I think some of the focus on youth is driven by the alleged characteristics of the so-called Millenium groups, some of whom are like those CS commented on, who seem to be lacking in many desired skills, including the basic knowledge of home ownership and yard maintenance.

I would consider to be in this category the youth who get degrees in low interest, low value majors but expect to get high paying jobs after graduation.

Whether the majority of them truly do have the Me Generation attitude is an interesting topic.

I think if young people don't learn from their families (and sometimes military service), they can end up in a position of looking to others for assistance in managing critical aspects of their lives.

One aspect I find missing, especially those who want it all now, is the knowledge of and respect for deferred gratification.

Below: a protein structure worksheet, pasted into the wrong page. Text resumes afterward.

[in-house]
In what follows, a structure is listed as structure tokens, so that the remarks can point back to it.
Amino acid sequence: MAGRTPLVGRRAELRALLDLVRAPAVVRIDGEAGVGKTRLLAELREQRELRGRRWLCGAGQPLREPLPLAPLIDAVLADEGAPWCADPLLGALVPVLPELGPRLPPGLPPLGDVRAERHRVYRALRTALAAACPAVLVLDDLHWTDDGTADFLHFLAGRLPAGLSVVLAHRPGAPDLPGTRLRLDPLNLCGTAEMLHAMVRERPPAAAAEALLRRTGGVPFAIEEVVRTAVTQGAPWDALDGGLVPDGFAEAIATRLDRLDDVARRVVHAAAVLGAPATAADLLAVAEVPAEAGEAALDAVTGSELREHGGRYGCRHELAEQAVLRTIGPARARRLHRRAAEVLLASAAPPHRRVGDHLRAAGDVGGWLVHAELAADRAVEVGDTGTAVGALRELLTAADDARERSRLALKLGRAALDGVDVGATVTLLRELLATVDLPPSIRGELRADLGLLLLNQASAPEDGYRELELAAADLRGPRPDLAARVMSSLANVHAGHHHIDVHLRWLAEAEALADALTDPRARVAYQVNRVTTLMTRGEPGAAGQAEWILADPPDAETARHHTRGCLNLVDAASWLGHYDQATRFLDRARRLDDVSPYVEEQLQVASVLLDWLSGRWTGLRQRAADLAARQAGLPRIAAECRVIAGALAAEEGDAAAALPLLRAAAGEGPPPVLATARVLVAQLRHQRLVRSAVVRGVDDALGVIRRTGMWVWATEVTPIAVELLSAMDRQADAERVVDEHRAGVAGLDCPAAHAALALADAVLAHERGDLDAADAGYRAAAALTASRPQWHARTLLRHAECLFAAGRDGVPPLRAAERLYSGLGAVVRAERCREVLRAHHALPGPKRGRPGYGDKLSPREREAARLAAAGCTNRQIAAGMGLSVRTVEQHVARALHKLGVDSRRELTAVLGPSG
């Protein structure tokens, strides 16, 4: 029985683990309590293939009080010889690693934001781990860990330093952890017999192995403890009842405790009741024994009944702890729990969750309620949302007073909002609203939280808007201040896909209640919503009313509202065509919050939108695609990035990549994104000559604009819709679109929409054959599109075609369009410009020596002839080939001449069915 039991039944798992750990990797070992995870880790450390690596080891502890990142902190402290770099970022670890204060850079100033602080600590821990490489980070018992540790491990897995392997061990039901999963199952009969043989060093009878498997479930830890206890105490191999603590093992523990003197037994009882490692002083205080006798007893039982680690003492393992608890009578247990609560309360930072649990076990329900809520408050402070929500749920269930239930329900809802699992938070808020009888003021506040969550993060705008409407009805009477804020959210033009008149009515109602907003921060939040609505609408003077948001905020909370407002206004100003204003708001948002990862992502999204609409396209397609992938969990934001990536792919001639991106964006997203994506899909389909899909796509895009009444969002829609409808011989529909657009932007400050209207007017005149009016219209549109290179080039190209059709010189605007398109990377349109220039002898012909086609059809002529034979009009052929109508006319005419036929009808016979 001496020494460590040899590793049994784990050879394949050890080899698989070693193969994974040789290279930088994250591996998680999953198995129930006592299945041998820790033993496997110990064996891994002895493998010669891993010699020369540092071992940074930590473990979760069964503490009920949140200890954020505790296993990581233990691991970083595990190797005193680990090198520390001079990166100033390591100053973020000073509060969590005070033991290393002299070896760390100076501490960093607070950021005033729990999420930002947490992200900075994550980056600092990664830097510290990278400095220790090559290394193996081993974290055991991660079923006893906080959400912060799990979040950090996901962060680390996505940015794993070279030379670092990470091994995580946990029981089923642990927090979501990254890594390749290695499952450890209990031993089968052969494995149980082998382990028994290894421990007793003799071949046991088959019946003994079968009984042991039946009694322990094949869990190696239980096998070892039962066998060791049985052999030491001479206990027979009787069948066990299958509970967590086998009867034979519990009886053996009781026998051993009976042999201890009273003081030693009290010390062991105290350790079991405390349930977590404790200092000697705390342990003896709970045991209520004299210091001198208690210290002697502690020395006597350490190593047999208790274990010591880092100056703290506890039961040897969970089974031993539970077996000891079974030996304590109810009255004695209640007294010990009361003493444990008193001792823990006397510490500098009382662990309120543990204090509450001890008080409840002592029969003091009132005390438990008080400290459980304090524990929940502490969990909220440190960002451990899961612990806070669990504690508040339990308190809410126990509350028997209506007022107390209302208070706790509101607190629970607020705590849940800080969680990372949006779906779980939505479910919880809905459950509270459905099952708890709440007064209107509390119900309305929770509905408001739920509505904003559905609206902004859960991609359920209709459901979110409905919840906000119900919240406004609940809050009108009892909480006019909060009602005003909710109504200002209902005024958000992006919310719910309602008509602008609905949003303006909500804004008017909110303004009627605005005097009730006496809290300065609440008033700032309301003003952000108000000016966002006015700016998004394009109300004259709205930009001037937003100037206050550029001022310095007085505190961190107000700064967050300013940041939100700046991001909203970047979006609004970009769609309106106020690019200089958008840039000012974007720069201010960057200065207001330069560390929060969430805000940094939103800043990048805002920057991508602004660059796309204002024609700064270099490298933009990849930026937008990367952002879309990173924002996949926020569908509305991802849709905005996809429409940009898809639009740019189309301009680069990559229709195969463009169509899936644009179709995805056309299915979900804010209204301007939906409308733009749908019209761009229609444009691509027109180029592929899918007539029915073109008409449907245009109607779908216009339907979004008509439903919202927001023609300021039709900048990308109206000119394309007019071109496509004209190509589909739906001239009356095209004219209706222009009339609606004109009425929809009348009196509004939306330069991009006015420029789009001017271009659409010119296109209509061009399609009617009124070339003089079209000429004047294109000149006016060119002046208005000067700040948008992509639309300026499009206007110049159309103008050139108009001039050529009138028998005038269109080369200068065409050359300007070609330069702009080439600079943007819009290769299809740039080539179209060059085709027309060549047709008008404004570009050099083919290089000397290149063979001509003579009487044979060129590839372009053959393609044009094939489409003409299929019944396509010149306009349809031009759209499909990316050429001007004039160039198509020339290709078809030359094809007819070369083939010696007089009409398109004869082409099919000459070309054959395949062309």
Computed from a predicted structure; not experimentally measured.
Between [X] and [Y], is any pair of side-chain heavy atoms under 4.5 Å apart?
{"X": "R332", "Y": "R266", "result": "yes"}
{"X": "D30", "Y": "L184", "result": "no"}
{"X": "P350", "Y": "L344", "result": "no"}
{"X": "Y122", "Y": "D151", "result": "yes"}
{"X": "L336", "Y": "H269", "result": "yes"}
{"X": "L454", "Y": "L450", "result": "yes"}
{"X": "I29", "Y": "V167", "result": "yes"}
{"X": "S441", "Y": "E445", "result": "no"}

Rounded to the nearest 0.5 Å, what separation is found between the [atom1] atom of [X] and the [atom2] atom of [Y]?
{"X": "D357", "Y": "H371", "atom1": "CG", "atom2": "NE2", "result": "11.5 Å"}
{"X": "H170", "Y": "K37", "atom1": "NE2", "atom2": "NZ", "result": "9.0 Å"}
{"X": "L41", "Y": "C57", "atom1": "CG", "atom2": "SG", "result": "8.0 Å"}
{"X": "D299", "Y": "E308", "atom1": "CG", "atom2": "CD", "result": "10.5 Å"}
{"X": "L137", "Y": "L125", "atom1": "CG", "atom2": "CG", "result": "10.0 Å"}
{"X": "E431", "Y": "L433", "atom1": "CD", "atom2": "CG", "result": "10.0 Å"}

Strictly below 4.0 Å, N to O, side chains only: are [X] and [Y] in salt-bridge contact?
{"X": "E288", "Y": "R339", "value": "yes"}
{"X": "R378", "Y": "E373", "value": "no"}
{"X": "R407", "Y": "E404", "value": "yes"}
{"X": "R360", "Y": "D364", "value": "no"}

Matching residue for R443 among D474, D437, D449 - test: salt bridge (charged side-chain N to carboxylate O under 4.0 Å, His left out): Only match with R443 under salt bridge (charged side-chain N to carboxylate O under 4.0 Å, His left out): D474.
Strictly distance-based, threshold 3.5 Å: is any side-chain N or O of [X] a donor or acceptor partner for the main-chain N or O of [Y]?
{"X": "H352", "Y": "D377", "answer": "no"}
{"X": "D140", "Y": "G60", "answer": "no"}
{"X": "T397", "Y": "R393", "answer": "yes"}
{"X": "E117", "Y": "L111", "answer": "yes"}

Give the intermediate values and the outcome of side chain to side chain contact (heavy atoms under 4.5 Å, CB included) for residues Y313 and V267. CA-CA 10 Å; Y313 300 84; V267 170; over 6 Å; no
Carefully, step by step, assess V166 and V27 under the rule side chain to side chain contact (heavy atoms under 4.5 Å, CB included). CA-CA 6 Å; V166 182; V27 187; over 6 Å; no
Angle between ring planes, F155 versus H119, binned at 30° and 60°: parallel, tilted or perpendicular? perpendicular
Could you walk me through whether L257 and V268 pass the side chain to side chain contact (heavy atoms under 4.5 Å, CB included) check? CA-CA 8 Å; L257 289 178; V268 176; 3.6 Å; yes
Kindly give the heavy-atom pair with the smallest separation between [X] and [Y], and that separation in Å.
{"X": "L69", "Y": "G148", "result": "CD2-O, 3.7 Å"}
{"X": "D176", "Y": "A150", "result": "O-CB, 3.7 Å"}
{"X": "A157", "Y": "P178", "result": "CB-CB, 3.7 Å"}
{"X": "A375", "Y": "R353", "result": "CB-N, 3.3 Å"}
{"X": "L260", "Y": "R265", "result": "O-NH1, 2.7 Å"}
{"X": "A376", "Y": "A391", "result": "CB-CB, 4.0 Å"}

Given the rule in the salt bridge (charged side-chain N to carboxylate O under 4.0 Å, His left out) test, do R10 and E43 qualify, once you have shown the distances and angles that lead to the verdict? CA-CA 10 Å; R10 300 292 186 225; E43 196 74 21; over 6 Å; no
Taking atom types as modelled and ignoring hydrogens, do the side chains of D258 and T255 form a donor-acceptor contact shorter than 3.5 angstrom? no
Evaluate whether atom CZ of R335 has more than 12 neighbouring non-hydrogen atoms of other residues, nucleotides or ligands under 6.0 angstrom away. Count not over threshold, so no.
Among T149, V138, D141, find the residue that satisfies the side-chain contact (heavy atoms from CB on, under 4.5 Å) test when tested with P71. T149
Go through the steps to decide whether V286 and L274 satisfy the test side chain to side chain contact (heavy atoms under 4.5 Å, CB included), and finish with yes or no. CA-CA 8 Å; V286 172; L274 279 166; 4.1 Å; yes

Most certainly these people don't represent the totality of young people; there are still those whose parents instill good values (like the children of the posters here Big Grin) . But there are also those who have grown up with nominal knowledge of self reliance. They're good subjects for the all encompassing makeover shows.

As to focusing on those of us who've been around the block a few times, I think there are so many older folks who have led such interesting and fascinating lives, who gave and continue to give to others. Other than on RLTV and PBS, I haven't seen much emphasis on this demographic group.

Off topic, during dinner time while my mother was in a nursing home recovering from a fall, one of the women who joined us began talking about her life in Czarist Russia, ending with a wistful observation that the Czar wasn't as bad as he was represented to be (particularly given what happened afterwards). How many people have this kind of experience? There are treasures in some of our older folks.